In Piedmont Office Realty Trust v. XL Specialty Ins. Co., No. 14-11987 (11th Cir. Oct. 21, 2014), the United States Court of Appeals for the Eleventh Circuit certified questions to the Supreme Court of Georgia regarding the extent to which an insurance company was bound by a settlement to which it refused to consent. This case represents one of an increasing number of disputes between policyholders and their insurance companies over the defense and settlement of underlying lawsuits. Having lost the battle to narrow the scope of their defense and settlement obligations in many states, insurance companies appear to have opened a new front:  attempting to reduce the cost of their defense and settlement obligations.  This may take the form of refusing to consent to settlement, thus forcing the policyholder to pay and attempt to recover from the insurance company; or it may take the form of forcing policyholders to deal with attorneys with whom they are not familiar and/or to accept a defense at rates that are well below market.

Many insurance policies give the insurance company the “right and duty to defend” the policyholder against lawsuits and other claims made against the policyholder. On its face, this may appear to be a valuable benefit; but it can create problems for a policyholder when its insurer’s decisions with regard to defense and settlement do not align with the policyholder’s interests. Businesses and individual policyholders should consider whether control of the defense and settlement of lawsuits and other claims against them is a right they want; and, if so, they should consider purchasing insurance that gives them that right, or at least negotiating the right to use their preferred lawyers for any such lawsuits or claims.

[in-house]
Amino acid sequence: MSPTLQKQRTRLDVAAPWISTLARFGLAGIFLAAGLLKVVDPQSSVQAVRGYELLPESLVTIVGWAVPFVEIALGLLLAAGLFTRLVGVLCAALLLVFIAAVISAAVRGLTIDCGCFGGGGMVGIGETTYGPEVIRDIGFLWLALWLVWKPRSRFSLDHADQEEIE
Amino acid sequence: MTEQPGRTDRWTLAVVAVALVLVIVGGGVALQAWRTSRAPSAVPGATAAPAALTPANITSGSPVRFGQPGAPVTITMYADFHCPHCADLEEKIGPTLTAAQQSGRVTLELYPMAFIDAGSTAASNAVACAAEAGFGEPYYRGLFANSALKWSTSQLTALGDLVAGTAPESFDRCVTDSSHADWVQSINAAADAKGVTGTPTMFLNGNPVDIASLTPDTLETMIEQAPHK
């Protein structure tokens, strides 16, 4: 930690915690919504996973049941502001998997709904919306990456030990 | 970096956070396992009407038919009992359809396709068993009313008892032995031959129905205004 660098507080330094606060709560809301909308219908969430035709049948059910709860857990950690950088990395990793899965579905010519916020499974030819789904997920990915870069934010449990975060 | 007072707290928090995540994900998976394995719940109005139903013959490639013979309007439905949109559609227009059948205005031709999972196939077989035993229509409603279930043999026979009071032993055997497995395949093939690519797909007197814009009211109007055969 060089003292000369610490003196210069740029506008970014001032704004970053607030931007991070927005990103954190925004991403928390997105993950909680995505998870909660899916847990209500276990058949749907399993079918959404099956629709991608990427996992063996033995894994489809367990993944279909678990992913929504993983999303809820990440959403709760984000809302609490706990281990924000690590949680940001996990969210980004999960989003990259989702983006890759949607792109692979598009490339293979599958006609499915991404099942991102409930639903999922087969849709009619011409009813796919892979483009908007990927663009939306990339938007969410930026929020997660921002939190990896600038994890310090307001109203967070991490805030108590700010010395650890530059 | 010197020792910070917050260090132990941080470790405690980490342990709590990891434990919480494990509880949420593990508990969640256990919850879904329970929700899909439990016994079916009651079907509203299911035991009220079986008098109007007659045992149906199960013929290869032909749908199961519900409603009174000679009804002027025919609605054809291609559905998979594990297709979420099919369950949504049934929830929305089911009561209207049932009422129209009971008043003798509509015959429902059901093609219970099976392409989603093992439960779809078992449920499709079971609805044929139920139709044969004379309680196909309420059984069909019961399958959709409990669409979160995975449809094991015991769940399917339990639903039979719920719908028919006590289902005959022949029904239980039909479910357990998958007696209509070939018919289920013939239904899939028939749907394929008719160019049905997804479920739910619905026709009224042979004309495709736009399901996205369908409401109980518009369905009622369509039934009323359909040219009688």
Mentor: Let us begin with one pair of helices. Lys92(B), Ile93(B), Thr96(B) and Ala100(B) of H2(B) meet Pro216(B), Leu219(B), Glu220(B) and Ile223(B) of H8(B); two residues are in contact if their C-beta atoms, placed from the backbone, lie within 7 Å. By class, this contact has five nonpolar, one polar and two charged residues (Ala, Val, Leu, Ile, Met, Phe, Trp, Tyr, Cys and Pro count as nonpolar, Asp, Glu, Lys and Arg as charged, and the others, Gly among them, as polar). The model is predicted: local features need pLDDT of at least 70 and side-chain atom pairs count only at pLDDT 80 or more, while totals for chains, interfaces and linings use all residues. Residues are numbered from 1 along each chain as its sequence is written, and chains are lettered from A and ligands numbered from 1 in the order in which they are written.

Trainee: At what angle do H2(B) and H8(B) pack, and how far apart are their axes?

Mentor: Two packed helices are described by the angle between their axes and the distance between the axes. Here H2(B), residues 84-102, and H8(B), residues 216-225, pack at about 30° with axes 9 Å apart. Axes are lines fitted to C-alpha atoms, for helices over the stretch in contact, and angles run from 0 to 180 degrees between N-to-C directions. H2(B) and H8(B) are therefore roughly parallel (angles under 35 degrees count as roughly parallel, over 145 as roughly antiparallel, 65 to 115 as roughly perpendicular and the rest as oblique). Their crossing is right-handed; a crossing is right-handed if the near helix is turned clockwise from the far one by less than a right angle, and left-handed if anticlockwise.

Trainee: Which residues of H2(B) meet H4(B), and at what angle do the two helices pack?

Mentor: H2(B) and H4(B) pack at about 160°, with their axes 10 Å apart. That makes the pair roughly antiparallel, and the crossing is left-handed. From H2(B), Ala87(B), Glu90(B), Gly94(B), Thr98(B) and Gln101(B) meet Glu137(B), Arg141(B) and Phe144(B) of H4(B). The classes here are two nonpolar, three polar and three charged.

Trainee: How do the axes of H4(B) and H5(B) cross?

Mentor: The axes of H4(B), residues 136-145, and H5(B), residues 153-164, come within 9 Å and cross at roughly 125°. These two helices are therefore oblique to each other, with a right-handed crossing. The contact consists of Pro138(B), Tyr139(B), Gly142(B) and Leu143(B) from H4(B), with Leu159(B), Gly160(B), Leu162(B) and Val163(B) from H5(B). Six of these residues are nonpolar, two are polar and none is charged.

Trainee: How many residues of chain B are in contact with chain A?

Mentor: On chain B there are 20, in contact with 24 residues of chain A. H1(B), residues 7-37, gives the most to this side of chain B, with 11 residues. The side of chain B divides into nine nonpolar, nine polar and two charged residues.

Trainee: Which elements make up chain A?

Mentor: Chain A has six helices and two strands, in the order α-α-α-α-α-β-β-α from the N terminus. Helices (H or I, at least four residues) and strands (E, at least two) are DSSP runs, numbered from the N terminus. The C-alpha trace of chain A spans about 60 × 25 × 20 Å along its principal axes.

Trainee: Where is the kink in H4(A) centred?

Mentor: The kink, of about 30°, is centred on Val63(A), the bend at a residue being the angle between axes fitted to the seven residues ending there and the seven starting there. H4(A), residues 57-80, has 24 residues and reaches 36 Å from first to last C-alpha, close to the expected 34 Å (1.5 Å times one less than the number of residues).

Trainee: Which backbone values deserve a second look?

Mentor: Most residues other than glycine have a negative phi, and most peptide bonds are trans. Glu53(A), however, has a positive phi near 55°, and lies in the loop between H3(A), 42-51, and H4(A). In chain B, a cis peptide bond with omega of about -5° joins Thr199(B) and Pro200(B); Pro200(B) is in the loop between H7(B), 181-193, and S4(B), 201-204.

Business and individual policyholders also should be aware that there are circumstances where an insurance company does not have the right to control its policyholder’s defense, even where the insurance policy purports to give the insurance company that right. Whether an insurance company has the right to control the defense of a lawsuit or other claim is generally determined by whether its interests and the policyholder’s interests are at least theoretically aligned. If the insurance company reserves its right to deny coverage, those interests may not align. In those circumstances, the policyholder may have a right to independent counsel to be paid by, but not controlled by, the insurance company. This is an important protection; and, for this reason, businesses and individuals should evaluate any reservation of rights by their insurance companies.

With respect to settlement, insurance policies that give an insurer the right and duty to defend also generally give the insurer “the right to make such investigation, negotiation and settlement of any claim as [the insurance company] deem[s] expedient.” In some cases, policyholders may be able to negotiate consent rights with respect to settlement; but in many instances, the insurance policy language will not grant the policyholder any express rights with respect to settlement. Nevertheless, courts have held that an insurance company’s rights with respect to settlement of a lawsuit or other claim against its policyholder are not absolute.

In addition to the right to independent counsel, most jurisdictions impose a duty of good faith on an insurance company towards its policyholders. Any decisions the insurance company makes in the defense and settlement of a lawsuit or other claim against one of its policyholders must be consistent with this duty of good faith. Precisely what this duty requires will differ depending on the circumstances of each particular case. Courts have held that the duty of good faith generally mandates that an insurance company must view the situation as if there were no policy limits applicable to the claim give equal consideration to the financial exposure of the insured.  An insurance company may be liable for a judgment in excess of its policy limits where it was negligent in handling the defense, or where it acted in bad faith.

Businesses and individual policyholders should be diligent in holding their insurance companies to this standard. A policyholder’s failure to monitor its insurance company’s defense of a lawsuit or claim, or to question when its insurance company makes defense or settlement decisions with which the policyholder may not agree – or which may expose the policyholder to uninsured liability – may make it difficult for the policyholder to challenge those decisions later, in the event of an adverse judgment.